Required Equipment for 10 GHz
- 10 GHz source at about -10 dBm (0.1 mW). Can be a Gunn source.
- 10 GHz power measurement instrument with at least 0.5 dB power resolution and short term stability.
- +10 VDC at 1.2 amp and -5 VDC power supply or stock Qualcomm power supply board with an external +12 VDC power supply.
- Small computer-style fan for cooling power amplifier, if not heat sunk.
- If available, SMA-type attenuators for direct connection to input and output connectors to prevent mismatch during tuning.
- Read the AF1T article and view the W1RIL notes and graphics.
- Use basic anti-static measures and definitely ground the soldering iron and amplifier together.
- Ground all test equipment together before connecting to the amplifier. I have seen cases where the test equipment ground was bad and the chassis was floating at many tens of AC volts. Do NOT use clip leads for the ground wires between the power supply module and the PA module. The connectors on the power supply module do not have a ground connection. You must solder a lead to a ground point on the PC board.
- Make sure the -5 VDC gate bias is applied before the +10 VDC. The original Qualcomm power supply board does provide this feature.
- Be careful about shorting any of the microstrip lines to ground as killing the gate bias may kill the output transistors.
- After using an Exacto knife around any of the fine bias lines, check them for continuity before applying power.
- Do not apply any form of heatsink compound between the aluminum and the PC board or FETs. This has caused very low gain or even oscillations in amplifiers where grease has been applied. Clean and dry both the bottom of the PC board and the mating surface of the aluminum housing before final assembly of the board into the housing.
- The normal resistance of the power FET drains to ground without bias applied will be very few ohms and may appear to be shorted.
Remember - don't be afraid to give it your best shot. If you damage the board or a FET in the process, just contact Chuck (WB6IGP) or myself and we'll replace what you need for the cost of postage. We want this to be a successful, educational experience.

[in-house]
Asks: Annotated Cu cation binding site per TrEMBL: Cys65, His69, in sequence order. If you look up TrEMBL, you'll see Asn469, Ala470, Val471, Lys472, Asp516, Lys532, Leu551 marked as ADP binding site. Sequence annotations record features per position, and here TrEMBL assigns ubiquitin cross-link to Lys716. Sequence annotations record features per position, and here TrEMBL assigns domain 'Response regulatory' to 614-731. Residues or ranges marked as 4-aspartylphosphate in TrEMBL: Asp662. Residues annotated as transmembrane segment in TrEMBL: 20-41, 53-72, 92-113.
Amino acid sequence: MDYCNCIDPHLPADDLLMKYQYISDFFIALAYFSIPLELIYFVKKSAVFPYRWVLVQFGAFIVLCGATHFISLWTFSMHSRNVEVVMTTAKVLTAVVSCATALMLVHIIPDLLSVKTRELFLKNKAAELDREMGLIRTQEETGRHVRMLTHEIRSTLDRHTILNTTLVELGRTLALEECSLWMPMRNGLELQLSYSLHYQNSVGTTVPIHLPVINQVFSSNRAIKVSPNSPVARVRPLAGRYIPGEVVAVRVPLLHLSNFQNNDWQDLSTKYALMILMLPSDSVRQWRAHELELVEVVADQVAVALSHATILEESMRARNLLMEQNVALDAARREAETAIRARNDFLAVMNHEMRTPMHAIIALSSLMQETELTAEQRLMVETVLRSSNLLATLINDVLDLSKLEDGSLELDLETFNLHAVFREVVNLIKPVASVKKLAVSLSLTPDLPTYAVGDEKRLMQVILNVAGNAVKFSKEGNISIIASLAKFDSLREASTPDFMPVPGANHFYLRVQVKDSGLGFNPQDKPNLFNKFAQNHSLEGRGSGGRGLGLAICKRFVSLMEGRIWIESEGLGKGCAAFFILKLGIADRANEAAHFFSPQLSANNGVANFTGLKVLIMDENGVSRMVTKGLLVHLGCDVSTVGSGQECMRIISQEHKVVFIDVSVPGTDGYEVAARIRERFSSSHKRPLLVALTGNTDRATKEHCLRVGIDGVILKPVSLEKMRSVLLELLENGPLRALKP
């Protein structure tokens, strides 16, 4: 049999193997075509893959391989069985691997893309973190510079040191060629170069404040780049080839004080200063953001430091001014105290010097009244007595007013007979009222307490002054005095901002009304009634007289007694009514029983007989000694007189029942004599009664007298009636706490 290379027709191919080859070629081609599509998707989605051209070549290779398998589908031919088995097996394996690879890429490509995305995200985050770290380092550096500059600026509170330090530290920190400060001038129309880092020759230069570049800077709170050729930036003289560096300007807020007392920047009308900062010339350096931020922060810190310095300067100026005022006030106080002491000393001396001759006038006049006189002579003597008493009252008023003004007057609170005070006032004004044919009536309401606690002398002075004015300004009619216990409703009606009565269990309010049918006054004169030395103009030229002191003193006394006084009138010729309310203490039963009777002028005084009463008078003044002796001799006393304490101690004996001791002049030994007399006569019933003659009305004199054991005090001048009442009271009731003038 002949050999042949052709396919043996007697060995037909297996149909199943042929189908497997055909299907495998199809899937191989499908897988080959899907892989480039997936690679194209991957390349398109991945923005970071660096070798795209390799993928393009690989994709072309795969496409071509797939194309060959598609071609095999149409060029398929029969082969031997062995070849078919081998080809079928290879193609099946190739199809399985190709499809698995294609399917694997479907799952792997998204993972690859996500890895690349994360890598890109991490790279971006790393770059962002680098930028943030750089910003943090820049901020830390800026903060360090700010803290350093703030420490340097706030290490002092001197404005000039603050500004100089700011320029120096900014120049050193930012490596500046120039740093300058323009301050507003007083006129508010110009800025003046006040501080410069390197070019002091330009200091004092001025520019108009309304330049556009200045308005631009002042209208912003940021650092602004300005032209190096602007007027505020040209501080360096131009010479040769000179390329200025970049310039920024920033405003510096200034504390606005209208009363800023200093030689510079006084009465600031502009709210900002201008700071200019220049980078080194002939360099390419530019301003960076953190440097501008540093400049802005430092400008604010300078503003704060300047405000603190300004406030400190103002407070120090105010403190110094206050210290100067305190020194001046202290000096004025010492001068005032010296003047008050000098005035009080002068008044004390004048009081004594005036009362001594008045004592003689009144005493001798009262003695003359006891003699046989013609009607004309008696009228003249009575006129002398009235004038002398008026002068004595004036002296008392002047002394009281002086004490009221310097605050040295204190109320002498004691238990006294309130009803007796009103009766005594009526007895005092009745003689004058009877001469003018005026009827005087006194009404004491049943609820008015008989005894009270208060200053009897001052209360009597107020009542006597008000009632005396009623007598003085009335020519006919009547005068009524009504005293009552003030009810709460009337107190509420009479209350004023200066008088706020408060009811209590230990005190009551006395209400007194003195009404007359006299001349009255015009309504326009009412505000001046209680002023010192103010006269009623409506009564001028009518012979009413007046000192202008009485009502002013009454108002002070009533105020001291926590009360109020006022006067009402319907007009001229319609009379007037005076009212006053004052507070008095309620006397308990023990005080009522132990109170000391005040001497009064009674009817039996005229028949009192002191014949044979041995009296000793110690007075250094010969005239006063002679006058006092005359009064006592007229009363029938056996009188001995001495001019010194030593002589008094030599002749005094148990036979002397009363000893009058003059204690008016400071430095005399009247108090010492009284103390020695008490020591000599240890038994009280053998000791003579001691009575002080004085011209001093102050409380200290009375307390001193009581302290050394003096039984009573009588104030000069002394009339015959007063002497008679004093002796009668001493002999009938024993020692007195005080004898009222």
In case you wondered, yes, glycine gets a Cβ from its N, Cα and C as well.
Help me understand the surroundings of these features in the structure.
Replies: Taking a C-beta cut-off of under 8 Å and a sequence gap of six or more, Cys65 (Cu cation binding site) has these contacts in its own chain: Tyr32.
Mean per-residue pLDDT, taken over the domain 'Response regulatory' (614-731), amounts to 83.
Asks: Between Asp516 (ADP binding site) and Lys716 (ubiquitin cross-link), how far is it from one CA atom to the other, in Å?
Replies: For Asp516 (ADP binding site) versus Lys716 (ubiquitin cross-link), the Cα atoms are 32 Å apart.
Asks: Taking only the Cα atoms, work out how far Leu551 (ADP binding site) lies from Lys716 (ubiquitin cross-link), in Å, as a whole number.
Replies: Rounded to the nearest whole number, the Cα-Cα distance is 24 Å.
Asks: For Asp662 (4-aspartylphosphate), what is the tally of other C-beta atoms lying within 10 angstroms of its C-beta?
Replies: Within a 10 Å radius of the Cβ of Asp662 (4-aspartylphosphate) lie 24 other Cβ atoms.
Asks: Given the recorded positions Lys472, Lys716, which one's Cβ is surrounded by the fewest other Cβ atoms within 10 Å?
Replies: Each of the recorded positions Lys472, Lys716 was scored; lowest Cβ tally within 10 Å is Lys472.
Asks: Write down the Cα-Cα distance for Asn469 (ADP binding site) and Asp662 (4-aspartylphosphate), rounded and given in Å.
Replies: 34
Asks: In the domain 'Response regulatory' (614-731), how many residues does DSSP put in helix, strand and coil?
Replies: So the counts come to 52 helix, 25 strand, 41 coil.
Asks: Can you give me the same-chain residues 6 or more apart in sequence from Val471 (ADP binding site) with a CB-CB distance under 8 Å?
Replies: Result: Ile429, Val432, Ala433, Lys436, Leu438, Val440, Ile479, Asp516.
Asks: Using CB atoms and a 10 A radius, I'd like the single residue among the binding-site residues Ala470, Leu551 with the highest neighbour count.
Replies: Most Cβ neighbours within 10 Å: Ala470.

Modifications for 3456 MHz
As there still seems to a limited number of relatively low-cost amplifiers available that will produce 1 watt at 3456 MHz, I set out to see how difficult it might be to retune one of the Qualcomm 1 watt Ku-band amplifiers for 3456 MHz. I started with the same basic housing and connector modifications as used for the 10 GHz modification but used about a 3 pF capacitor for the input coupling instead of the 1-2 pF used for the 10 GHz modification. I made no other capacitor changes but suspect some improvement might be seen by adding another 2 pF or so directly on top of the existing interstage coupling capacitors.
The main change was to cut all of the high-impedance bias lines and bridge them with tiny hand-wound inductors. I started with perhaps 8 turns of a single strand from zip cord which had been wrapped around a 1/4 watt resistor lead as a form. I knew this was way too much inductance and would be asking for oscillation at lower frequencies due to the increase gain of the FETs at low frequencies. Sure enough - I had created a beautiful 280 MHz power oscillator! Since the bias inductors were made from bare wire, I carefully used solder to short out a number of turns at a time on all inductors until the amplifier became stable. The inductors had about two or three unshorted turns at the end. I then applied about -10 dBm at 3456 MHz to the input and began using the same microstrip tuning procedures and tools as used for the 10 GHz modifications.